One million nests a year at La Escobilla in Mexico. Compared to ridley nesting beaches on the west coast of India or the east coast of Africa that get 10 nests per year, that number sounds astronomical. Or for that matter, when compared to the much touted mass nesting beaches in Odisha that get 100,000 to 150,000 nests. Let me repeat that, one million nests. And this is a species that was, till recently, considered as Endangered by the IUCN, but let’s not debate the logic of that here.
But it was not always thus. La Escobilla is an example of the remarkable resilience of sea turtles, particularly ridleys. From the 1960s onwards, this population was heavily exploited for the skin, to be used to replace crocodile skins (which had dwindled because of over exploitation). In the 1970s, a slaughterhouse was set up at a small town called San Agustinillo, not far from Escobilla. Over 30,000 animals (or perhaps twice that) were killed each year, not all of them legally. By the 1980s, the number of nests had reduced drastically and in 1990, the Mexican government banned the take of all sea turtles. The National Mexican Turtle Centre was later established at the neighbouring town of Mazunte to promote sea turtle conservation, and protection programmes were strengthened at dozens of Mexico’s turtle nesting beaches, including La Escobilla.
In the second week of March, the International Sea Turtle Society held its Annual Symposium at Huatulco, in the state of Oaxaca, on the west coast of Mexico. After the symposium, a group of us drove west along the winding, hilly coast to Escobilla. The beach was wide and long, and backed by little lagoons. At one end, the river opened into the Pacific Ocean, and we learned that it periodically swept bits of the beach away. I was struck by the similarity of the landscape to the mass nesting beaches in Odisha. I talked at length to Tera and Erika, the government staff posted at the beach, and we marveled at the similarities between the beaches. Right down to the lazy turtles that would wander into the lagoon after nesting, and remain there until physically removed. Of course, the conversation was in Spanish and English, with translation by our sea turtle colleagues, Emma Harrison and Shaleyla Kelez. At one point, Shaleyla was speaking in animated Spanish to me, and carefully constructed English to the Mexicans. Despite that, we were all very excited to discover all the similarities between our mass nesting beaches.
Escobilla is one of three major mass nesting beaches remaining in Mexico (the massive arribadas at several beaches in states farther north never recovered after the enormous exploitation). Unlike Odisha where nesting is highly seasonal, arribadas occur throughout the year in many of the mass nesting beaches in Pacific Mexico and Central America. Escobilla has several large and small arribadas through the year, but as a consequence of the high nest density, hatching success at this beach is extremely low, with survival of only about 10 % of the eggs. On the other hand, hatching success in Odisha is usually high (> 80%), particularly at Rushikulya, where mass nesting has occurred on a regular basis for the last decade, at least.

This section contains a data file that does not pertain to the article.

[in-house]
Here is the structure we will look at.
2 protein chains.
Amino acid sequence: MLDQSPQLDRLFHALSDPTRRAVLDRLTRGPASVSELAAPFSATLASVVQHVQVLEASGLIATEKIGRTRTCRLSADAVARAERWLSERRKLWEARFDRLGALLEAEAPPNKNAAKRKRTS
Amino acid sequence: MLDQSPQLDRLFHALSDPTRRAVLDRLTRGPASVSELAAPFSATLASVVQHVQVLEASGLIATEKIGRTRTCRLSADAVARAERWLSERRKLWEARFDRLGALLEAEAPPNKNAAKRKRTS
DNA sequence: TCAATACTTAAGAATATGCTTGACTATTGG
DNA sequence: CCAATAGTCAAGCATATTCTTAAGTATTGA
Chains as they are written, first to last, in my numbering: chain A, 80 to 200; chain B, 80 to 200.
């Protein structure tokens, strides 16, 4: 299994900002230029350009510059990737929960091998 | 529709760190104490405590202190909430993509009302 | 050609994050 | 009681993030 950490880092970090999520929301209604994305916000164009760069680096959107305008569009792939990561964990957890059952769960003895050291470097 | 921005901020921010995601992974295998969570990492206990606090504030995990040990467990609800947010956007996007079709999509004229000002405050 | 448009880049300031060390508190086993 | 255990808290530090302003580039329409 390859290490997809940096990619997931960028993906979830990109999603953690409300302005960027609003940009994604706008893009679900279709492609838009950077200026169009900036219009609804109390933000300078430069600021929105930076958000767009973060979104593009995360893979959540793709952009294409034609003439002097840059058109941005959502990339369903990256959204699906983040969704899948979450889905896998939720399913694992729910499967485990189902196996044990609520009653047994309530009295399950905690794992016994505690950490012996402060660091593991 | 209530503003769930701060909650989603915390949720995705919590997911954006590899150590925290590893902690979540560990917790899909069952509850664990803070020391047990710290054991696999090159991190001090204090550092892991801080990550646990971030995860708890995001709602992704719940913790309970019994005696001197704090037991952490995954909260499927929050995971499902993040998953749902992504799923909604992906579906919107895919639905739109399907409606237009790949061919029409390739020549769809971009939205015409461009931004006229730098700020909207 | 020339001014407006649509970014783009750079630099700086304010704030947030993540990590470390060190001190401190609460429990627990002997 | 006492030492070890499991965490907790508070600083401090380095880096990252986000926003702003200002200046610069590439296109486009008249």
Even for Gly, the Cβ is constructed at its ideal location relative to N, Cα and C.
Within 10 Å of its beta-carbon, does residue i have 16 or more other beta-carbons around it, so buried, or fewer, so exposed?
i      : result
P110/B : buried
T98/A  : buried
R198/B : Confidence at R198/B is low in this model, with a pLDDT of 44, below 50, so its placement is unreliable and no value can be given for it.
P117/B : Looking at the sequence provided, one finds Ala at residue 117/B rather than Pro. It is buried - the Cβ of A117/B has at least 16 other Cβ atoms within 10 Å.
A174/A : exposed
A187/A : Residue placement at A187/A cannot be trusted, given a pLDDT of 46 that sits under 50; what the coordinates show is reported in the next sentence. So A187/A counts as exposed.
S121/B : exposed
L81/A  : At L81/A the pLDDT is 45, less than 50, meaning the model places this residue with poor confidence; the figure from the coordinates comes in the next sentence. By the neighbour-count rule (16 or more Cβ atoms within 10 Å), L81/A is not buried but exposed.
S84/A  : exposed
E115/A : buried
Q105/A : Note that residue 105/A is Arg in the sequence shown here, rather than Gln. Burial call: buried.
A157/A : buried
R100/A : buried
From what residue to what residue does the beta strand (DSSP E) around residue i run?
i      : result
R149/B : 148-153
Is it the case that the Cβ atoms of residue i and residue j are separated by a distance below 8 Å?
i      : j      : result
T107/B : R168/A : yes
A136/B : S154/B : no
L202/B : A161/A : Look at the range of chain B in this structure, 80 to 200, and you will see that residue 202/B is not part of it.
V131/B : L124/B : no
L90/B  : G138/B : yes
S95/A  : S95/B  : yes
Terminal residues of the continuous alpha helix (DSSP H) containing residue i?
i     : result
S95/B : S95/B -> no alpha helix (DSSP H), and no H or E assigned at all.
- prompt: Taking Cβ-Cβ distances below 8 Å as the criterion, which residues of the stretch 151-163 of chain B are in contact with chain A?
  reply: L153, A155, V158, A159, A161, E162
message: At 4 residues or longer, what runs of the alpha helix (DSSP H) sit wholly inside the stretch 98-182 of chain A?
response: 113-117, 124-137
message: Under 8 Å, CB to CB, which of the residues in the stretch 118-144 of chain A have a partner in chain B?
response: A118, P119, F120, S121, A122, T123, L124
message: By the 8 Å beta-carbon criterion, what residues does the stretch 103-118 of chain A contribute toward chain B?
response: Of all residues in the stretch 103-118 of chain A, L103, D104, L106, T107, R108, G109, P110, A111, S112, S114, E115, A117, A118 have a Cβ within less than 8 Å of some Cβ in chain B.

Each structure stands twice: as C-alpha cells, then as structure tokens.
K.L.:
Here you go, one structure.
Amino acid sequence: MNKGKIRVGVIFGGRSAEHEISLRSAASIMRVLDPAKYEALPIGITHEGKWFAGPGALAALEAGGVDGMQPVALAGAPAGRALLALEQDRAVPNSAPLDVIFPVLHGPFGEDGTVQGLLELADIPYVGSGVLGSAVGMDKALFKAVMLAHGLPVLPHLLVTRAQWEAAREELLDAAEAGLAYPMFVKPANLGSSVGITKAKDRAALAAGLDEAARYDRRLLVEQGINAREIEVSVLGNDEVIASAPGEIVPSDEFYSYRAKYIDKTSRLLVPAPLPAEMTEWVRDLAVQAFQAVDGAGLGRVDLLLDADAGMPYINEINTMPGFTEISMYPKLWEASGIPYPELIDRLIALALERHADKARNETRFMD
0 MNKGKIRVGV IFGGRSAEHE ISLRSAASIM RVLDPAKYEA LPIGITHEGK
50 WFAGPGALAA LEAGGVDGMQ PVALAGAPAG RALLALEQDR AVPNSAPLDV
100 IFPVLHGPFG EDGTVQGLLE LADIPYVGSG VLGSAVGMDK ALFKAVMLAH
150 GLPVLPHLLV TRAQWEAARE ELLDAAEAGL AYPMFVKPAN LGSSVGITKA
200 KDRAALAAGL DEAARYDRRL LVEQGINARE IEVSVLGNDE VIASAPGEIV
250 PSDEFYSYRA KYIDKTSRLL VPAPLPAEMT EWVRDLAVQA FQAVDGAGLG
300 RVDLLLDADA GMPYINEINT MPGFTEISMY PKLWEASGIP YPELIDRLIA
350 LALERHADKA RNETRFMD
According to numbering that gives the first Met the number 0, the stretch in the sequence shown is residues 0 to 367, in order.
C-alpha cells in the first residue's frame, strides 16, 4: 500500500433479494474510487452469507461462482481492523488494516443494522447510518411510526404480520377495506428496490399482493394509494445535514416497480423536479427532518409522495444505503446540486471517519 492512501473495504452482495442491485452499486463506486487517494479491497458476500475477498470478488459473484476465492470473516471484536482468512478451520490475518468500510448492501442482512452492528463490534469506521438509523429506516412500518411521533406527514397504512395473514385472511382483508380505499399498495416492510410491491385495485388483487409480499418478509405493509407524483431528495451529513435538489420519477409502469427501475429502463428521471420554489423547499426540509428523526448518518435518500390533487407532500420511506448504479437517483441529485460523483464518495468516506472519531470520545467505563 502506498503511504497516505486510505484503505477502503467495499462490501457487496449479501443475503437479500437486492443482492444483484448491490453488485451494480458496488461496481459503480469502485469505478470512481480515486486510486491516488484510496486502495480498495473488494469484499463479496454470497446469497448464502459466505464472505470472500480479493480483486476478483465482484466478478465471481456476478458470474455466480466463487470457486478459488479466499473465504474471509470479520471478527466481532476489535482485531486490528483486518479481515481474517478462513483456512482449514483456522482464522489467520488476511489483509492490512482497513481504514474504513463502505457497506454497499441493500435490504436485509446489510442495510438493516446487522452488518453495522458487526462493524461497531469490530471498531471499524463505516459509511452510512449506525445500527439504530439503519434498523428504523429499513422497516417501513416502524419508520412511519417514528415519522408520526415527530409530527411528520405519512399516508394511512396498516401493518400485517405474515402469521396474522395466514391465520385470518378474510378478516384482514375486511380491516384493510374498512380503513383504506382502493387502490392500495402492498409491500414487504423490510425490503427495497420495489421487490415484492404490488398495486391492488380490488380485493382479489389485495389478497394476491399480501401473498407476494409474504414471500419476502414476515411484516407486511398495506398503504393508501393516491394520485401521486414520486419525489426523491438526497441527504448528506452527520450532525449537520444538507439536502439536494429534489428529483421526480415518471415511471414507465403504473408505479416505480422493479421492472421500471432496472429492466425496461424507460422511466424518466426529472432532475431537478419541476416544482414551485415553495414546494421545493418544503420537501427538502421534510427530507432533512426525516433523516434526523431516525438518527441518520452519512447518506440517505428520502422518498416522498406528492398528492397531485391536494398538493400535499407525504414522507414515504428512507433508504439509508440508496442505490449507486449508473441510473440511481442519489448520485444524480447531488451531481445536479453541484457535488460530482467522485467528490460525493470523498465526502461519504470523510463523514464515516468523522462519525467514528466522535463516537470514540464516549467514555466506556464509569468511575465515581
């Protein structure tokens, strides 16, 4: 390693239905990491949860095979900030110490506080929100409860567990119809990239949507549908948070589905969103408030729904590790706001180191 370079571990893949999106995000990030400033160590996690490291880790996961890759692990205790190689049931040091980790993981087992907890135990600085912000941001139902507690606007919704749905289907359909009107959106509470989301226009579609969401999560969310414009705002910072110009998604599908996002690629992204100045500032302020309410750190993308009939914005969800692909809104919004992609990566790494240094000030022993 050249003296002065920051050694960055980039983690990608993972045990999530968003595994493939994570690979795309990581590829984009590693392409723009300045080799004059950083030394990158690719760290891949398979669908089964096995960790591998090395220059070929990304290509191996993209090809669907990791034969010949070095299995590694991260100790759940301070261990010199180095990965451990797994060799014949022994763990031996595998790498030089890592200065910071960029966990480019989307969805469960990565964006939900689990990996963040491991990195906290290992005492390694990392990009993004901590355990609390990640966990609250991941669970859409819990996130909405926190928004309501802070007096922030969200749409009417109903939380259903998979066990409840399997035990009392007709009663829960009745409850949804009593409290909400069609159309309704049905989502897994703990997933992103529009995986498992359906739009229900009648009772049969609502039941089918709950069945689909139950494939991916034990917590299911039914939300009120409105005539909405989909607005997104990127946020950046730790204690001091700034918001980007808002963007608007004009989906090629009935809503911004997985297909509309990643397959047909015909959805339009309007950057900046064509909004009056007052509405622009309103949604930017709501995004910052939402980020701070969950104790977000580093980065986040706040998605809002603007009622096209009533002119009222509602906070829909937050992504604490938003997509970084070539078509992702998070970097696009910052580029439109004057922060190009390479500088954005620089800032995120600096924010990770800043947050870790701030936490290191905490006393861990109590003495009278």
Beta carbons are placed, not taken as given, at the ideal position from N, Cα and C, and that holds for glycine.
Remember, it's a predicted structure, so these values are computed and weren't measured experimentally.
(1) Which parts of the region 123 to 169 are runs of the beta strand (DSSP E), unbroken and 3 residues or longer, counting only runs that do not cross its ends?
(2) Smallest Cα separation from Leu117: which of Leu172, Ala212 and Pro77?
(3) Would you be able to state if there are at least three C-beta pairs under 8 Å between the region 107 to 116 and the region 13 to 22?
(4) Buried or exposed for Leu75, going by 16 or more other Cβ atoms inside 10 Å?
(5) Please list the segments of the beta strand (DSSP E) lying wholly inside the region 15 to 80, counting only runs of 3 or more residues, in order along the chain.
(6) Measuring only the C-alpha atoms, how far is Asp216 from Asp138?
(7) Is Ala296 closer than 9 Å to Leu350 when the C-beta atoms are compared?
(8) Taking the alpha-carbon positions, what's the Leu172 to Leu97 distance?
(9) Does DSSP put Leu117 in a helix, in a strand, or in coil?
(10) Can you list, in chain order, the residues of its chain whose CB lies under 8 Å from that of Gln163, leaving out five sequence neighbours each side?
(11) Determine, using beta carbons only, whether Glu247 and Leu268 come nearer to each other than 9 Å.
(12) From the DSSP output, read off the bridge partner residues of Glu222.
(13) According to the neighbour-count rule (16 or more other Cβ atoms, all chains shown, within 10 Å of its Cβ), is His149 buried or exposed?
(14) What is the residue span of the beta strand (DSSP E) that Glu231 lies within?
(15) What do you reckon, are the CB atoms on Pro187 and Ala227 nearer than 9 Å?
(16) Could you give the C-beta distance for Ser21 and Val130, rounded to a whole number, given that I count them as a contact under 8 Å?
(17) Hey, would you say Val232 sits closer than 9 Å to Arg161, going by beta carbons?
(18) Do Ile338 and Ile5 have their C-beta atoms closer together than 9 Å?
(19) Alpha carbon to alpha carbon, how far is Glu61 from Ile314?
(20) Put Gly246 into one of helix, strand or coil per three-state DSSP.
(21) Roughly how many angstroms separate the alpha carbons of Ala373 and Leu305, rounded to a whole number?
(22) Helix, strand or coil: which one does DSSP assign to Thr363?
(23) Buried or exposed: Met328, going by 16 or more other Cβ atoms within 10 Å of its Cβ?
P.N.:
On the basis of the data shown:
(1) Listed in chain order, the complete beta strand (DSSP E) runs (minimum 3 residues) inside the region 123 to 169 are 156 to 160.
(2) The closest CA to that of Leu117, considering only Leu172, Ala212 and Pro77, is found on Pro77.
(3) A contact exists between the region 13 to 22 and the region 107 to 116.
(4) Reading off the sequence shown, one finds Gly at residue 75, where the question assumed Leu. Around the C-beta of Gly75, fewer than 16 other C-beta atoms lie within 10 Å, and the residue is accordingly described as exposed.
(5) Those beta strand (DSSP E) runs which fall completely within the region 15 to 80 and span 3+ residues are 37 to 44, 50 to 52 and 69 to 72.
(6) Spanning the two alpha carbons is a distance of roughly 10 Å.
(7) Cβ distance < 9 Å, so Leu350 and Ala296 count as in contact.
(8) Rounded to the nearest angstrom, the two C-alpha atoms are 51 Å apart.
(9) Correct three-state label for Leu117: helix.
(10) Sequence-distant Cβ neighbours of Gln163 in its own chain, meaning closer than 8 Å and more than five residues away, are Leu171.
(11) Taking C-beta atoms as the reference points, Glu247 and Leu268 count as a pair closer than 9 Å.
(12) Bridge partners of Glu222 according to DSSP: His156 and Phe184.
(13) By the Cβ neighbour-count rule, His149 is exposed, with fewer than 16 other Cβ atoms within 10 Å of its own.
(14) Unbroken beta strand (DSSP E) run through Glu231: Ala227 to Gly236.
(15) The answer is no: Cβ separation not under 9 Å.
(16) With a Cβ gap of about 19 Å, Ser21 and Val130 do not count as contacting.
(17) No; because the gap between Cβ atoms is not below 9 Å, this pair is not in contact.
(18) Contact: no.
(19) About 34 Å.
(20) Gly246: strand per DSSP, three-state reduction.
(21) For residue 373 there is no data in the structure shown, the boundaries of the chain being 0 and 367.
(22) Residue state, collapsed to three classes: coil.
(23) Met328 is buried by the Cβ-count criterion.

These mass nesting beaches are important for the survival of olive ridleys. Many studies have shown that a very large proportion of solitary nests are predated (more than 80 % on the east coast of India), which means that these populations are largely supported by hatchling production from mass nesting events. Apart from this, though, arribadas are one of nature’s spectacles that just have to be seen to be believed, a phenomenon that has to be preserved for posterity.
This is not to say that one must necessarily adopt protectionist approaches. In La Escobilla, armed guards were required to prevent poaching, and still patrol the beaches (though there continues to be illegal egg take, particularly just before big fiestas). In Ostional, Pacific Costa Rica, on the other hand, there is an egg harvest program by the local communities that serves as a model of conservation through sustainable utilisation. After all, the turtles themselves dig up many of the eggs during the arribada, so eggs collected from the first day or two of a nesting event that goes on for days would likely have been destroyed anyway. Notably, large arribadas still occur regularly at this site.
Other arribada beaches have been recognized by the conservation community in Nicaragua and Panama and this certainly gives hope for the future of the phenomenon, even though the numbers at these newly “discovered” beaches are far, far smaller than those at Gahirmatha or Rushikulya. There is still, however, a certain romance associated with the major sites originally associated with arribadas such as Gahirmatha in Odisha, or Playa Nancite (where arribadas stopped mysteriously some years ago) in Costa Rica. And certainly La Escobilla.
Kartik Shanker works on sea turtles on remote beaches and scattered islands. He is based at Centre for Ecological Sciences, Indian Institute of Science, Bangalore and Dakshin Foundation.
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